An international convention to curb the use of mercury opened for signature today in Japan, marking a watershed moment in the effort to phase-out the toxic heavy metal in the many products and industries in which it is used, according to United Nations Environmental Programme (UNEP).
The Minamata Convention, named after a Japanese city where mercury pollution caused severe health effects in the mid-20th century, begins a process of long-needed regulation for the often hazardous substance, said UNEP’s Executive Director Achim Steiner.
“With this convention, nations have laid the foundations for a global response to a pollutant whose notoriety has been recognized since Greek and Roman times,” Mr. Steiner said.
“Everyone in the world stands to benefit from it, in particular the workers and families of small-scale gold miners, the peoples of the Arctic and this generation of mothers and babies and the generations to come,” he added.
The Convention marks the culmination of four years of complex negotiations among over 140 member states, which were convened in Geneva by UNEP beginning in 2009 and resulted in a wide-ranging and legally binding text in January 2013, according to UNEP.
It provides controls and reductions of mercury in applications from medical equipment to energy-saving light bulbs to the mining, cement and coal-fired power sectors. Pinpointing populations at risk, boosting medical care and promoting better training of health care professionals in identification and treatment of mercury-related illness are also part of the agreement.
According to UNEP, exposure to mercury and its various compounds can cause brain and neurological damage, especially in young people, as well as harm to kidneys and the digestive system. Victims can suffer memory loss and language impairment alongside many other well- documented effects.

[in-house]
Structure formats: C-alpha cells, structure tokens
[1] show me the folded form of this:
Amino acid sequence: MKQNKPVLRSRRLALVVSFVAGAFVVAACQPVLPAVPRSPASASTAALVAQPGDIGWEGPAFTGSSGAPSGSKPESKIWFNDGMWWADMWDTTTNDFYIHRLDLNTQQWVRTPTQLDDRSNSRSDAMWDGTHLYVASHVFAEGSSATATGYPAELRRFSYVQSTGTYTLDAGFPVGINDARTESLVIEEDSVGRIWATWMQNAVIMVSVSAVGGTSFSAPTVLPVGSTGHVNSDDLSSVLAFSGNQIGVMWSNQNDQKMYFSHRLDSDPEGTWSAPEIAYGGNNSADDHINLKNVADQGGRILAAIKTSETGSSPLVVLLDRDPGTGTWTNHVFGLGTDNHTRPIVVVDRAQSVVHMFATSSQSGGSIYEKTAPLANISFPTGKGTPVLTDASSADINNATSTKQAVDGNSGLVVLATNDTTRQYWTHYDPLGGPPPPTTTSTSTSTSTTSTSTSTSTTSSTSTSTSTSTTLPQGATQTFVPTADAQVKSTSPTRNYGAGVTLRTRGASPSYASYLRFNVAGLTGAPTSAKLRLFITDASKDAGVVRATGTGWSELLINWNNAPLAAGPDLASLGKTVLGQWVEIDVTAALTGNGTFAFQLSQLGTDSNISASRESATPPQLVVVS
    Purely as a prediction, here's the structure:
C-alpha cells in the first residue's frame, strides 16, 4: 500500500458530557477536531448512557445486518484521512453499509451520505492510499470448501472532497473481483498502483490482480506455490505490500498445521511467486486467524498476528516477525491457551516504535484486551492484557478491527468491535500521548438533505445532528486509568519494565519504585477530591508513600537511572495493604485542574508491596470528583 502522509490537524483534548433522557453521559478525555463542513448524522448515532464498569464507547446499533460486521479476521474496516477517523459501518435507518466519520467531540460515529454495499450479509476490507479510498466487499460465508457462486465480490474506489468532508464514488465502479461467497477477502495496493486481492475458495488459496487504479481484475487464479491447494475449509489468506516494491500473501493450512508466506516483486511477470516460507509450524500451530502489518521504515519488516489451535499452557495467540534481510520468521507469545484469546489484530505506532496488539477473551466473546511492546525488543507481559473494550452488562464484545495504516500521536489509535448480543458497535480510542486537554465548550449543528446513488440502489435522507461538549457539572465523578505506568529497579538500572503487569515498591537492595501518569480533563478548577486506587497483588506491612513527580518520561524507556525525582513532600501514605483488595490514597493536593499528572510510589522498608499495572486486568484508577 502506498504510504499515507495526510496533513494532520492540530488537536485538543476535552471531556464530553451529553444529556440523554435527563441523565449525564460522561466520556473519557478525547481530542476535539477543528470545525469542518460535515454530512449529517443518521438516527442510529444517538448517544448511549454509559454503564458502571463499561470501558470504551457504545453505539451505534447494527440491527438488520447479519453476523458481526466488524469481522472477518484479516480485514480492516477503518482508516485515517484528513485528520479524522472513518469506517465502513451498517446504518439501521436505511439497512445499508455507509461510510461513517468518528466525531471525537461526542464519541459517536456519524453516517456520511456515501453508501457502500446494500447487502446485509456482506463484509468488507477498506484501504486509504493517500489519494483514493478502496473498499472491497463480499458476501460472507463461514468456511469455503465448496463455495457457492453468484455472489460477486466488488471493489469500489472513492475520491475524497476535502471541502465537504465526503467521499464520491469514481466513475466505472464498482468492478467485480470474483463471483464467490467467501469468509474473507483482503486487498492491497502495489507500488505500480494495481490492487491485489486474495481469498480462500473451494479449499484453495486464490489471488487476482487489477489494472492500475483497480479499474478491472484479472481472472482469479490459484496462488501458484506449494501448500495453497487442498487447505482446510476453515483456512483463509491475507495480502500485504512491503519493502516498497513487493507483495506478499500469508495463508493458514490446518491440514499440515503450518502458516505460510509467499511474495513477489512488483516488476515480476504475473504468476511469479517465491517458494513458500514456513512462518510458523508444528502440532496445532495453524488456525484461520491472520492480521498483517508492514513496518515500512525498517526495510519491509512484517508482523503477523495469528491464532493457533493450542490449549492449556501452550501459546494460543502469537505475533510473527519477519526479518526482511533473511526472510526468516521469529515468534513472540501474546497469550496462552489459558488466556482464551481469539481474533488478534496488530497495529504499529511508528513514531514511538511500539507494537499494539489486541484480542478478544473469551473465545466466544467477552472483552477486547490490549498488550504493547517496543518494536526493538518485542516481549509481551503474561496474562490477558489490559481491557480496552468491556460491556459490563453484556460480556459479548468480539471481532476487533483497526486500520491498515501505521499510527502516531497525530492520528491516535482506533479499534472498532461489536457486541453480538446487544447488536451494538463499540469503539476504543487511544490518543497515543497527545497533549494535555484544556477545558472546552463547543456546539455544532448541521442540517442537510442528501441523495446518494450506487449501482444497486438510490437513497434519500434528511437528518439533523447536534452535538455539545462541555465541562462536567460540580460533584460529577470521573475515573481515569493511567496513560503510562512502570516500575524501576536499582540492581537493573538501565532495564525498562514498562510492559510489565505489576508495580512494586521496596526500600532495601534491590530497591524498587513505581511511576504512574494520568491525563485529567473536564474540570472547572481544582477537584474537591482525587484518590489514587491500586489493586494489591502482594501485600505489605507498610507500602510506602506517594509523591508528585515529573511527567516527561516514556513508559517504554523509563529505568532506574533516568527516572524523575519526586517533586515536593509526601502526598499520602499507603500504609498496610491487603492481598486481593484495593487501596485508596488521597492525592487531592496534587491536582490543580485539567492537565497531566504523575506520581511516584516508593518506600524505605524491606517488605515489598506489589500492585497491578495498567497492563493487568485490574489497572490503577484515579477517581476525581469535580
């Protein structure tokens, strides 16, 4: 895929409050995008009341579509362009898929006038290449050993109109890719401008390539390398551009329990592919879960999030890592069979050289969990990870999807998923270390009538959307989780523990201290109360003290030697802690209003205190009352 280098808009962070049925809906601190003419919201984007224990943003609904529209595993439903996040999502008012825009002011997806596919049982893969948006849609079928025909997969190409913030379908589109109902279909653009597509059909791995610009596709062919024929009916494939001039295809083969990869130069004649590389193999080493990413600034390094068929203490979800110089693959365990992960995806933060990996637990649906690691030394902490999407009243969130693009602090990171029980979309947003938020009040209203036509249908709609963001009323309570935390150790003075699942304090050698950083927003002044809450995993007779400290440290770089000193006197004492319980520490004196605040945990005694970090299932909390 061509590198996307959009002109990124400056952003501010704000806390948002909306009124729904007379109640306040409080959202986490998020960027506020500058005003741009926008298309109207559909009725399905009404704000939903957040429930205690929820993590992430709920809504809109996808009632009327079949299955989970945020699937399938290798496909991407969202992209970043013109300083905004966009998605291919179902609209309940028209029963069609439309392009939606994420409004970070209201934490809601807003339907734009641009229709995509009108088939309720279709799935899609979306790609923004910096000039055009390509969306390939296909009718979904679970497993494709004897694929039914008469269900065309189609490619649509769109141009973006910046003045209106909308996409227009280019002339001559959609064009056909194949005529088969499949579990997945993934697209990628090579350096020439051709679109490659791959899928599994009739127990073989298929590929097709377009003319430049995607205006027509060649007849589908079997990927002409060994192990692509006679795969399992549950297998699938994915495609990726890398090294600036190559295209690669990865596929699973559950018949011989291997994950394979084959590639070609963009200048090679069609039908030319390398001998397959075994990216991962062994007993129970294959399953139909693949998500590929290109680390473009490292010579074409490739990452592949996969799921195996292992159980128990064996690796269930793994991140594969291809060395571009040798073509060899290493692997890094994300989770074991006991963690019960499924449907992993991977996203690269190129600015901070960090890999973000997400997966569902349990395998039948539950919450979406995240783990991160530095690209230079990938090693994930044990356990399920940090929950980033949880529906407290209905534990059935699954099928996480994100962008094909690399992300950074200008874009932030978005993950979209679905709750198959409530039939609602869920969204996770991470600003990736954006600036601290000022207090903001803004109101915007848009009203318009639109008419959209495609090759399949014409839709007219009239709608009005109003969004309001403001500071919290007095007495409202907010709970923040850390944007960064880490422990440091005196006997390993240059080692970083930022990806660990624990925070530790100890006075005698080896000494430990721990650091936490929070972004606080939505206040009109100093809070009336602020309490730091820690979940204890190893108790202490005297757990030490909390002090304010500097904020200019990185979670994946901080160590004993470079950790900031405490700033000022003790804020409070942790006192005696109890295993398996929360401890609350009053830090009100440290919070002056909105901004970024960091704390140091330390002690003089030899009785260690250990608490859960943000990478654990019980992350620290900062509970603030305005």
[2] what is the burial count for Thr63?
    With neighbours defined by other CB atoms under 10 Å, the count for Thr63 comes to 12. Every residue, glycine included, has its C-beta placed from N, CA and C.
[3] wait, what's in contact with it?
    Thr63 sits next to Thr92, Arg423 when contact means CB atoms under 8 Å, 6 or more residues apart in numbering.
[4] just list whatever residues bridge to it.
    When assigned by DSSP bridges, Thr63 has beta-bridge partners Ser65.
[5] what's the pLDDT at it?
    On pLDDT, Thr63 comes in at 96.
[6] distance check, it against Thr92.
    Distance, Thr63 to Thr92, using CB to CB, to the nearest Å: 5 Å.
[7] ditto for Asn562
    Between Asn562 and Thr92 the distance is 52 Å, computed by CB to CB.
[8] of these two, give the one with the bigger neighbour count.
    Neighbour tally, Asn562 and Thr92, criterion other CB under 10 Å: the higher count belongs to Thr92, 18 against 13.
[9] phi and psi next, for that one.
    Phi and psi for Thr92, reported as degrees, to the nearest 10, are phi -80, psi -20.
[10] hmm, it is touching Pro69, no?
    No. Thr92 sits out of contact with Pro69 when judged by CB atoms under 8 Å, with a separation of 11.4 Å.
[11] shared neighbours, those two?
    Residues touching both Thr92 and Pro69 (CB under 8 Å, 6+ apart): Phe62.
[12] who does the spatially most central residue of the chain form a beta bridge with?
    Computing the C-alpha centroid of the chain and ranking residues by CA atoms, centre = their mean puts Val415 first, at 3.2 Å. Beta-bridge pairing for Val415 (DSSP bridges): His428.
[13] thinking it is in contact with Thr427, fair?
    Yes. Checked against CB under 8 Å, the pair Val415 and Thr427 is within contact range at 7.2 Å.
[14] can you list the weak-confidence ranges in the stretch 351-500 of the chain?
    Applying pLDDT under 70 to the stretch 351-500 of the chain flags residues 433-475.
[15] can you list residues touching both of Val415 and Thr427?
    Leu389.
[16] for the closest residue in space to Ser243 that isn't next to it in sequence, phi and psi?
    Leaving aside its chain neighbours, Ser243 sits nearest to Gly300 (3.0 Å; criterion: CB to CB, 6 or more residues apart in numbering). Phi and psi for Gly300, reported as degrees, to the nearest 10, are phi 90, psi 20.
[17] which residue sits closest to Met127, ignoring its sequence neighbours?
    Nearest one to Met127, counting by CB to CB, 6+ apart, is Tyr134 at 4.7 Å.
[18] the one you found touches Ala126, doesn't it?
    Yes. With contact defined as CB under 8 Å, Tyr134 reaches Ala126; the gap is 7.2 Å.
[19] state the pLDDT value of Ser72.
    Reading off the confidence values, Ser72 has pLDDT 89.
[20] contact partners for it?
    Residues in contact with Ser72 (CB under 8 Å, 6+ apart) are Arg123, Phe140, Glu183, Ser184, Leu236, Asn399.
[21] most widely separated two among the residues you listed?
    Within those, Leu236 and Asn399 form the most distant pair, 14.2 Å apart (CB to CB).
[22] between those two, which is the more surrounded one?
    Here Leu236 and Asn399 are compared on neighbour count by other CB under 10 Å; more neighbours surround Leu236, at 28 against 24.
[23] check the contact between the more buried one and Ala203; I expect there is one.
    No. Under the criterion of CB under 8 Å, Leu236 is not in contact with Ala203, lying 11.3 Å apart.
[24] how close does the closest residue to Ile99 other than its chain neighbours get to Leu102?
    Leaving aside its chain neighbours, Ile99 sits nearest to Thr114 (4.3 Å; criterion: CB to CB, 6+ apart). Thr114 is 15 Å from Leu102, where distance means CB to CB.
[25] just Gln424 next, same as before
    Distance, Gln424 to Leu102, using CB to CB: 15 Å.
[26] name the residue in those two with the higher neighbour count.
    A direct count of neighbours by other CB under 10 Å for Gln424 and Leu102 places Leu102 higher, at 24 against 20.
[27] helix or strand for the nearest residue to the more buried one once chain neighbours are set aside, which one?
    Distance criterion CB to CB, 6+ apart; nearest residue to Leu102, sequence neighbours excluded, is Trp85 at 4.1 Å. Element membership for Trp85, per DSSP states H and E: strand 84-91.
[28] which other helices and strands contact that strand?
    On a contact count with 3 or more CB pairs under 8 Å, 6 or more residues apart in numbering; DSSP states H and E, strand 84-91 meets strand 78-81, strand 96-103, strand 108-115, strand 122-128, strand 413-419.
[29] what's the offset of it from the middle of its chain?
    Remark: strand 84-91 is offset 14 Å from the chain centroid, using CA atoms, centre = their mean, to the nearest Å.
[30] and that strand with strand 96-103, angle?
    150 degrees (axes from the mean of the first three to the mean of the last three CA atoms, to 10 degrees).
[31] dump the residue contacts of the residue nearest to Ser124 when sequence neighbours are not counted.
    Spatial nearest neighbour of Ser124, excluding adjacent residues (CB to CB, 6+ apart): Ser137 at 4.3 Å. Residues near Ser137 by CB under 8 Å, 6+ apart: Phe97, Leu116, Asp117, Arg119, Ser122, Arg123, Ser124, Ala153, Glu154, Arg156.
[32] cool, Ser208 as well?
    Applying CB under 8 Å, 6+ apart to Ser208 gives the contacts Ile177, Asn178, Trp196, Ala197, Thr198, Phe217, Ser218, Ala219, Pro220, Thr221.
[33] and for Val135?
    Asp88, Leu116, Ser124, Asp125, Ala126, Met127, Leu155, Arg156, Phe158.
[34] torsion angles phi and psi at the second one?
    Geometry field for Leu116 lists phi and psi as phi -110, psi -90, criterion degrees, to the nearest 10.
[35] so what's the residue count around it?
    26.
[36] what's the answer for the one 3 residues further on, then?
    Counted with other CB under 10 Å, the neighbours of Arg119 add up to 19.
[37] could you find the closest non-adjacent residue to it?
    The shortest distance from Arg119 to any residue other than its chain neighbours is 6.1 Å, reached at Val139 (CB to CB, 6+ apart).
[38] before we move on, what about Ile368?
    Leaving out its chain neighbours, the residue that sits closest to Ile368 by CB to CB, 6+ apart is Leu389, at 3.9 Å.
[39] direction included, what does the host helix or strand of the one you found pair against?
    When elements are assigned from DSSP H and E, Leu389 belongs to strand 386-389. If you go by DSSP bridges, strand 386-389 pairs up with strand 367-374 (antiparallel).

According to a recent UNEP report, Global Mercury Assessment 2013, Asia is the largest regional emitter of mercury, and accounts for just under half of all global releases. The report also finds that an estimated 260 tonnes of mercury - previously held in soils - are being released into rivers and lakes.
Aquatic environments are the critical link to health because much of the human exposure to mercury is due to the consumption of contaminated fish, UNEP said.
Through the new treaty, governments have agreed on a range of mercury-containing products whose production, export and import will be banned by 2020. These include batteries (except for 'button cell' batteries used in implantable medical devices), as well as switches and relays, certain types of fluorescent lamps and soaps and cosmetics.
The treaty will also target the artisanal and small-scale gold mining industries, where mercury is used to separate gold from the ore-bearing rock. In addition, it will control emissions from large industrial facilities ranging from coal-fired power stations and industrial boilers to certain kinds of smelters handling, for example, zinc and gold.
Initial funding to accelerate action as the new treaty comes into force - in the expected three to five years' time – has been pledged by Japan, Norway and Switzerland.